2017 was a very active year as far as teaching was concerned. I taught technical English to six groups of electronics technicians at the Berufsförderungswerk (BFW) vocational rehabilitation center nearly every week, which is something I have been doing since 2009. I also teach a conversation course for employees who work for the parliamentary group of the Bündnis 90/Die Grünen in the Jakob-Kaiser-Haus every week as well. And English lessons at KSN Tax Consultants went into its ninth year in 2017! I continue to have a variety of private clients who generally want one-on-one lessons in order to improve their English for specific purposes, i.e. presentations at conferences, dealing with clients or negotiations. I look forward to continuing these lessons in the year to come, as well as to starting lessons with new clients.


I have also had a good deal of work translating and editing a variety of texts and books this past year. 2016 ended with the publication of Baumeister magazine's special David Chipperfield Architects issue, which was done entirely in English. I put together a team of four translators to complete all the work, much of which was done under a great deal of time pressure. Exhibition texts for the IGA 2017 Federal Garden Show in Berlin kept me busy through the spring and summer. Kamel Louafi's latest book Urban Landscapes Between Occident and Orient (which has been recently published in four languages) was also a project I worked on for several months. It is a delightful and colorful look at the author's personal and professional journey through life. Bartenbach lighting design in Austria asked me to translate a number of newsletters and website texts for them, and I also translated many project-related descriptions for a variety of landscape architecture offices in Germany. A real highlight for me was the translation of a text describing Bengladeshi architect Marina Tabassum's wonderful mosque in Dhaka (Dhaka Can Be Everywhere), written by the Swiss architect Niklaus Graber for the 08/17 edition of Baumeister magazine. And I have just finished work translating, editing and proofreading a variety of articles for the 101st edition of Callwey Verlag's Topos magazine, which is the 25th issue I have been involved with.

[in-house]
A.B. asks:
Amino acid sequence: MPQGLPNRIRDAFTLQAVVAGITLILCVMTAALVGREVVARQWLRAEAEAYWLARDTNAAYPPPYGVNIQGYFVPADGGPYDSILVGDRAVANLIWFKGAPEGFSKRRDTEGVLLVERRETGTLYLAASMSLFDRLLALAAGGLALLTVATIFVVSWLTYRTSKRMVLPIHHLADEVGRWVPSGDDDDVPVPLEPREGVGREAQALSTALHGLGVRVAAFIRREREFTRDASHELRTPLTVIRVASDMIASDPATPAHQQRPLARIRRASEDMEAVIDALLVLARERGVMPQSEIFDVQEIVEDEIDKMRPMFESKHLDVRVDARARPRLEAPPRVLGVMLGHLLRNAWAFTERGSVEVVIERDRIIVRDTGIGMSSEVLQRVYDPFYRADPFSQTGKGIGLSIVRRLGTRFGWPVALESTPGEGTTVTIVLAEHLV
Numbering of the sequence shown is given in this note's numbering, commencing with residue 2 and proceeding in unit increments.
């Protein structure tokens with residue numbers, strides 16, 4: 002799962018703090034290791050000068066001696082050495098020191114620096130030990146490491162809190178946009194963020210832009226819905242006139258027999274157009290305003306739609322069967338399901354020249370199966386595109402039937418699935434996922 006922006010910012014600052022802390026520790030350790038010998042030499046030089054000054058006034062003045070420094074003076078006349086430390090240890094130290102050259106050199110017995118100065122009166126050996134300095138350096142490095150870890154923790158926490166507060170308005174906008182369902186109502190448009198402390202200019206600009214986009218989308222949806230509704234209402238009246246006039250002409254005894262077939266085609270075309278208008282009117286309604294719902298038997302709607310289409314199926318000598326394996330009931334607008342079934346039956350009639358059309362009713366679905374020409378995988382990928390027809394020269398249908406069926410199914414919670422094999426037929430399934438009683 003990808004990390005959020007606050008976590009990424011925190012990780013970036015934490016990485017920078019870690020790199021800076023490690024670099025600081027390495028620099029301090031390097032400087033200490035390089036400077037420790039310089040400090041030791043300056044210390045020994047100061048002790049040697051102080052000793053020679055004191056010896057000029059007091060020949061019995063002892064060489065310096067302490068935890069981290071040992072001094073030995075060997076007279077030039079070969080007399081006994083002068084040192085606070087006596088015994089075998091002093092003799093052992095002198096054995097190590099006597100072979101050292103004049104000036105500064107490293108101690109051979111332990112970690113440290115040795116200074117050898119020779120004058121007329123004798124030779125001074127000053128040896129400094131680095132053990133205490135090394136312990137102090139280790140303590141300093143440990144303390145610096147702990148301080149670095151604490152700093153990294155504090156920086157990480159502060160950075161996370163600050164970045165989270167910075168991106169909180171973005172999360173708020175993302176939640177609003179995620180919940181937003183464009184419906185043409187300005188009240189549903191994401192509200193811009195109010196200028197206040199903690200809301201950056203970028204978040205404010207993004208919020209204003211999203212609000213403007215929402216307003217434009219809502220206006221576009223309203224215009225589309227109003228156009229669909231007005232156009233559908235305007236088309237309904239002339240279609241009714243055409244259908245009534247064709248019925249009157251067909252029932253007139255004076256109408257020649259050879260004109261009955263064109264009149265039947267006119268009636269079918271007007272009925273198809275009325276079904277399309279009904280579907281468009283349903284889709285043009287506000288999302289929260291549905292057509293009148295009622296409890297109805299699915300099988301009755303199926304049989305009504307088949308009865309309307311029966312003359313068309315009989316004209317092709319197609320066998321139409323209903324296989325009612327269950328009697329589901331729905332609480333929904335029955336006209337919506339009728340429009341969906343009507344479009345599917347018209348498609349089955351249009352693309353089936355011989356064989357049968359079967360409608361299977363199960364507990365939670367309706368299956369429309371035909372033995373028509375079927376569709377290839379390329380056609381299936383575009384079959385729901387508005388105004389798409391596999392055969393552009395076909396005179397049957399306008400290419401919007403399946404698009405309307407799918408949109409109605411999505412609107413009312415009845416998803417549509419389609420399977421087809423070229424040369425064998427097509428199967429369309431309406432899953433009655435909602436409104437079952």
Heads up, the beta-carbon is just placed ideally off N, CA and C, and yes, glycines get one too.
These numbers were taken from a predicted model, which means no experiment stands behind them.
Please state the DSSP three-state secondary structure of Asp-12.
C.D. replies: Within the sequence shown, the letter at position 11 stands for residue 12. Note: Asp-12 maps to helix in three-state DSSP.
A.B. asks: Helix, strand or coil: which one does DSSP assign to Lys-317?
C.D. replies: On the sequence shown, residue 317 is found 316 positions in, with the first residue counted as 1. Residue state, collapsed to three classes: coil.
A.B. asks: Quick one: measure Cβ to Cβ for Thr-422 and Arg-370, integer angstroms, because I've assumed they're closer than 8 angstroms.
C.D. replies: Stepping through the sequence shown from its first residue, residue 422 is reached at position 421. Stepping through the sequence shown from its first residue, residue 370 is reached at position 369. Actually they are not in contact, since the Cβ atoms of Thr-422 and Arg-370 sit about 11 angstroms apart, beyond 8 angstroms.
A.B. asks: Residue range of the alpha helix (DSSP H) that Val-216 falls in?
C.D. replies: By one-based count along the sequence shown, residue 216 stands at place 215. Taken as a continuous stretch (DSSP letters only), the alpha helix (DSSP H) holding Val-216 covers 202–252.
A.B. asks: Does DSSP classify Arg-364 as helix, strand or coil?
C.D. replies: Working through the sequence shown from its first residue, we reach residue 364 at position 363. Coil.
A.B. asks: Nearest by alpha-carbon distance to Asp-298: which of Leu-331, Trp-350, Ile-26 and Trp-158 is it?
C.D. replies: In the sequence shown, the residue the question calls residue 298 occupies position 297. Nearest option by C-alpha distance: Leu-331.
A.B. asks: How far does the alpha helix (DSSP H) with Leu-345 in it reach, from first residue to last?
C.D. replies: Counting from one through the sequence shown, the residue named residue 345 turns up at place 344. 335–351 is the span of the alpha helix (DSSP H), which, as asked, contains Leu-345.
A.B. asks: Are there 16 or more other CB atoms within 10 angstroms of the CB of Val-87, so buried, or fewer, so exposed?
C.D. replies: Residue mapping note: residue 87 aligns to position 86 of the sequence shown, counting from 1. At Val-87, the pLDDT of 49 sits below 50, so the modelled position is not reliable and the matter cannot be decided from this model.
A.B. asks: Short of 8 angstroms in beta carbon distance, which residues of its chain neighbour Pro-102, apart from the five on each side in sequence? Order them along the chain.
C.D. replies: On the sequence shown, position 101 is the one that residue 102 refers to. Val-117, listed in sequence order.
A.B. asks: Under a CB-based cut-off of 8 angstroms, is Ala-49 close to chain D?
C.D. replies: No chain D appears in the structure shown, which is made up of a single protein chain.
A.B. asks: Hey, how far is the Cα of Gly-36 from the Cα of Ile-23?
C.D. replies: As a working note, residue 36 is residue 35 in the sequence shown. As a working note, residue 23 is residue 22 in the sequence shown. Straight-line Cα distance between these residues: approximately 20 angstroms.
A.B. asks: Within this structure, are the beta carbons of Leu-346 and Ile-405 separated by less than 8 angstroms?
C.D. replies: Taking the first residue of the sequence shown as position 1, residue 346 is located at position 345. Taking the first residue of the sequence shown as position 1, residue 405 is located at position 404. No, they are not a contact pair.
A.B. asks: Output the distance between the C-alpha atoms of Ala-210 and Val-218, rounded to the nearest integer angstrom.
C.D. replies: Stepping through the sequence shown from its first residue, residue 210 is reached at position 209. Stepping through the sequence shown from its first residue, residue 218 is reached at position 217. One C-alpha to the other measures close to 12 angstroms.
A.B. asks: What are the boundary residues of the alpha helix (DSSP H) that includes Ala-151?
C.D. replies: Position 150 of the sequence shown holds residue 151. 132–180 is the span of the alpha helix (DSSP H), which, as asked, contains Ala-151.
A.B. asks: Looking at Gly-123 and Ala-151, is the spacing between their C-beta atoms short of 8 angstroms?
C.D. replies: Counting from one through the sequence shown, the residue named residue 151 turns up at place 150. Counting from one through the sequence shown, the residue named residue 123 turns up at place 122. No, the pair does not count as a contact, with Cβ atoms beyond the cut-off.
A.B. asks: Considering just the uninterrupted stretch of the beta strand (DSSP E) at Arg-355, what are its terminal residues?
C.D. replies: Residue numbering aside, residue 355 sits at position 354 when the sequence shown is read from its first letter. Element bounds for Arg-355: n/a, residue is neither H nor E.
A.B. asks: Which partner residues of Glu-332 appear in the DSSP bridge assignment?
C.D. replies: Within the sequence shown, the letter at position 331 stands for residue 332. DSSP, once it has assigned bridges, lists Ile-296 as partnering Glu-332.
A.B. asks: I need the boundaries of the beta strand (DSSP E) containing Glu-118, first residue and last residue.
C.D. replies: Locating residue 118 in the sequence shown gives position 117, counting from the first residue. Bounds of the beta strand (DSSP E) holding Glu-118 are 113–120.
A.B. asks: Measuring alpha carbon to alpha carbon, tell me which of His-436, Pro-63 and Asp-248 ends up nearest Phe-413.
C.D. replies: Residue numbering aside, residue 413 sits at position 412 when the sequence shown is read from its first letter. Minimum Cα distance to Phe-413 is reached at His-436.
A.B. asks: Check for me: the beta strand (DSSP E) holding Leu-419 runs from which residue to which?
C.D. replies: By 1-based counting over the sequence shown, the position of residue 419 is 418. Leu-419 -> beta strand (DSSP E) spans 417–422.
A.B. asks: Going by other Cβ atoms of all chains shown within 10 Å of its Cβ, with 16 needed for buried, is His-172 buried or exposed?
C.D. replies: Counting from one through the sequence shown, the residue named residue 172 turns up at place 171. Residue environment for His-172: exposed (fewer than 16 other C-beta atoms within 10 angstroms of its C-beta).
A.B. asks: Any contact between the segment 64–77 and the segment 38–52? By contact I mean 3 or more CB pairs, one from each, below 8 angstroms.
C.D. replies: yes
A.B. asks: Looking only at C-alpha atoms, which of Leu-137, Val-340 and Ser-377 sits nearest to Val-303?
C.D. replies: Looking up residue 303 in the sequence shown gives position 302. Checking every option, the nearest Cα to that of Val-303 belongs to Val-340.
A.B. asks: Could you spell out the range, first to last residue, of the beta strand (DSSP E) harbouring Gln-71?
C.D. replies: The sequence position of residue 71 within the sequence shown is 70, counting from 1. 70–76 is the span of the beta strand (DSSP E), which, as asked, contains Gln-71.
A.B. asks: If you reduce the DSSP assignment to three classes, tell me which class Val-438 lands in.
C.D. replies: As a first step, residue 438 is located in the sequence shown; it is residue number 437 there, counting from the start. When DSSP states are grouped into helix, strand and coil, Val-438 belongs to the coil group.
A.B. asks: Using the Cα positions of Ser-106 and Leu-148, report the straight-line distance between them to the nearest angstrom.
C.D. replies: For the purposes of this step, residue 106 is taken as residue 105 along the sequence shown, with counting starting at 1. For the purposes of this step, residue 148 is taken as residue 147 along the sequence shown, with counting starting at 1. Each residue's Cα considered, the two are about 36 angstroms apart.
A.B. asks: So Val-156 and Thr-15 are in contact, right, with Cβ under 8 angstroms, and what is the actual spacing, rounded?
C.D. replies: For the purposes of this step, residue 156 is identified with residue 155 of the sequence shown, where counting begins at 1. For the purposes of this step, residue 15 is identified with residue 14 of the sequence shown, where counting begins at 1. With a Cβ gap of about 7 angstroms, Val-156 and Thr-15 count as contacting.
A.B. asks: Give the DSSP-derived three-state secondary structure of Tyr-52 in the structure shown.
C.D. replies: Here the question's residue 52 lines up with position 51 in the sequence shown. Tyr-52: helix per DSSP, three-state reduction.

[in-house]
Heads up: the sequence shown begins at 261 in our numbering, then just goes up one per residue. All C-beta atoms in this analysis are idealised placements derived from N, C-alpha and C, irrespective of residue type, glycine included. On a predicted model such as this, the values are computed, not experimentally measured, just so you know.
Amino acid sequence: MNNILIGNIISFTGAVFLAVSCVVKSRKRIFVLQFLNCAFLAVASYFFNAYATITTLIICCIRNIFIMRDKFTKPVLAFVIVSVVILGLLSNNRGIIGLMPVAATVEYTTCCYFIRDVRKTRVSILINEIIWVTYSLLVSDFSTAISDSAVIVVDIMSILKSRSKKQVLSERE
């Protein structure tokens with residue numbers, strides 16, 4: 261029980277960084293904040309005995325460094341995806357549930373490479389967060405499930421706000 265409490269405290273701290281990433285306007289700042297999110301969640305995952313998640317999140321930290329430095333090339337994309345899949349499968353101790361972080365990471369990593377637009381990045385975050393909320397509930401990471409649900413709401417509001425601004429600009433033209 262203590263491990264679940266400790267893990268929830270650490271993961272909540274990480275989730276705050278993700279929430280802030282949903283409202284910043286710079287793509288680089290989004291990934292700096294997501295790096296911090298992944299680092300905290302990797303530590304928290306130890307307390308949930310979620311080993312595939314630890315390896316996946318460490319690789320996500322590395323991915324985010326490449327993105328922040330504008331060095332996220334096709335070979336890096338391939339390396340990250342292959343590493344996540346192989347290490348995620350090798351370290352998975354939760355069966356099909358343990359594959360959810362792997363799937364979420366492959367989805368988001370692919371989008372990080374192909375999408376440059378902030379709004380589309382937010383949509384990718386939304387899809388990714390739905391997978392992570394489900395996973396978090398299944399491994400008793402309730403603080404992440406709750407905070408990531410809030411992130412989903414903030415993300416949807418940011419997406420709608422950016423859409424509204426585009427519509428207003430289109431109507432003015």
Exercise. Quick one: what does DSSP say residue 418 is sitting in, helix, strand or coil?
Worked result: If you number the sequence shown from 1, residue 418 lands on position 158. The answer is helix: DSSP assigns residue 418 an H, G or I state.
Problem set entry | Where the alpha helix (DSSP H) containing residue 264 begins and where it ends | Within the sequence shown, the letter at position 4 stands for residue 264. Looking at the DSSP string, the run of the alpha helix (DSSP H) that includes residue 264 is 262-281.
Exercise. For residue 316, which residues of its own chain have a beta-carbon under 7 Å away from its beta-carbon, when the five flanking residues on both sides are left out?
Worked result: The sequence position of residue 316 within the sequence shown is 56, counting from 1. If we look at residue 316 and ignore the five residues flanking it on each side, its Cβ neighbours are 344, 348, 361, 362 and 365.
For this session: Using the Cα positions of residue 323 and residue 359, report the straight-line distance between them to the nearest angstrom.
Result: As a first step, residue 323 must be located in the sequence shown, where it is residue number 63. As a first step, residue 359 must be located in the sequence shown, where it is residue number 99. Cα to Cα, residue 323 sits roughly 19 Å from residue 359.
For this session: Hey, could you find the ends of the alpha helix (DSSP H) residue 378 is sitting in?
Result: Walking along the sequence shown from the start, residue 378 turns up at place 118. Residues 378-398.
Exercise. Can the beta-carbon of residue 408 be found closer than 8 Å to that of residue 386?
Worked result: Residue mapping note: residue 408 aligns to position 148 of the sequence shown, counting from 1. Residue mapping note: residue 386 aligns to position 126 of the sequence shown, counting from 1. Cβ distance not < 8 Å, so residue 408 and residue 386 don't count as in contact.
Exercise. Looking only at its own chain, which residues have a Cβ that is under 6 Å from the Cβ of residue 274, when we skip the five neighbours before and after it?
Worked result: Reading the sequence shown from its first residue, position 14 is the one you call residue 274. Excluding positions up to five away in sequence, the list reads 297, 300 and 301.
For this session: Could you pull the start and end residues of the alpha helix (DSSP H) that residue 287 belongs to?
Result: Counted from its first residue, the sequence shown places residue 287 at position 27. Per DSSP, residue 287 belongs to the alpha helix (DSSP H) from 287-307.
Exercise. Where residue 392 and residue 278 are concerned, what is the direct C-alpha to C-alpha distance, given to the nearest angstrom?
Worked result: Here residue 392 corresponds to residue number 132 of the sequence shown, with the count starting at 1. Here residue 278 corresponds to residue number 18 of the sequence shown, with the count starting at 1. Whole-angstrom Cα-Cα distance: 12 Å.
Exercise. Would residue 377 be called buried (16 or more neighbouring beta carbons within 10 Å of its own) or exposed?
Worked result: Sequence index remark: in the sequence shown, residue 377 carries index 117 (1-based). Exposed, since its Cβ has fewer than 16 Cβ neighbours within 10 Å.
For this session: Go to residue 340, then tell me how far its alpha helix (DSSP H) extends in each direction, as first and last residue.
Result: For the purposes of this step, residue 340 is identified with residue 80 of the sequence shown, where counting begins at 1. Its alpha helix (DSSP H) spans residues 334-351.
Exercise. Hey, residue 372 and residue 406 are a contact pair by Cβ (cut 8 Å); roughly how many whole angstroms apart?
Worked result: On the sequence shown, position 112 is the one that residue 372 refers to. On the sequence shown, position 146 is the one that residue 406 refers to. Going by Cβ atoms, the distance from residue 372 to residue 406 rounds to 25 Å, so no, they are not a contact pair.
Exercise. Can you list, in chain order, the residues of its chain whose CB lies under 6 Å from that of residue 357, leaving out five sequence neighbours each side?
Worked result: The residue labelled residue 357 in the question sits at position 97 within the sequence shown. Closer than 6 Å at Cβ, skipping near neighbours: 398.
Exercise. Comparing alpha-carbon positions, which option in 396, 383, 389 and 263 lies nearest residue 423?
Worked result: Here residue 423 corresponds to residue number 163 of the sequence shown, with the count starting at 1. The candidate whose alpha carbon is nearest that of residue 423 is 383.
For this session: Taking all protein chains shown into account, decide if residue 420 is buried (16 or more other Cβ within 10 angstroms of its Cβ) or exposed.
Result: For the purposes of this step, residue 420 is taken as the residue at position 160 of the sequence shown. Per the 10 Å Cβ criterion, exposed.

I became a member of English Language Teachers' Association Berlin-Brandenburg (ELTAB-B) in 2008, an affiliate of the International Association of Teachers of English as a Foreign Language. The organization is a professional association and resource group for teachers of English as a foreign language and other English language practitioners in the Berlin-Brandenburg area.

CEFR Guidelines

The Common European Framework of Reference for Languages: Learning, Teaching, Assessment, abbreviated as CEFR, is a guideline used to describe achievements of learners of foreign languages across Europe. It was put together by the Council of Europe as the main part of the project "Language Learning for European Citizenship" between 1989 and 1996. Its main aim is to provide a method of assessing and teaching which applies to all languages in Europe. In November 2001 a European Union Council Resolution recommended using the CEFR to set up systems of validation of language ability. The six reference levels (see below) are now widely accepted as the European standard for grading an individual's language proficiency. Most English courses and learning materials in Europe now incorporate this system in order to ease language learning and assessment.

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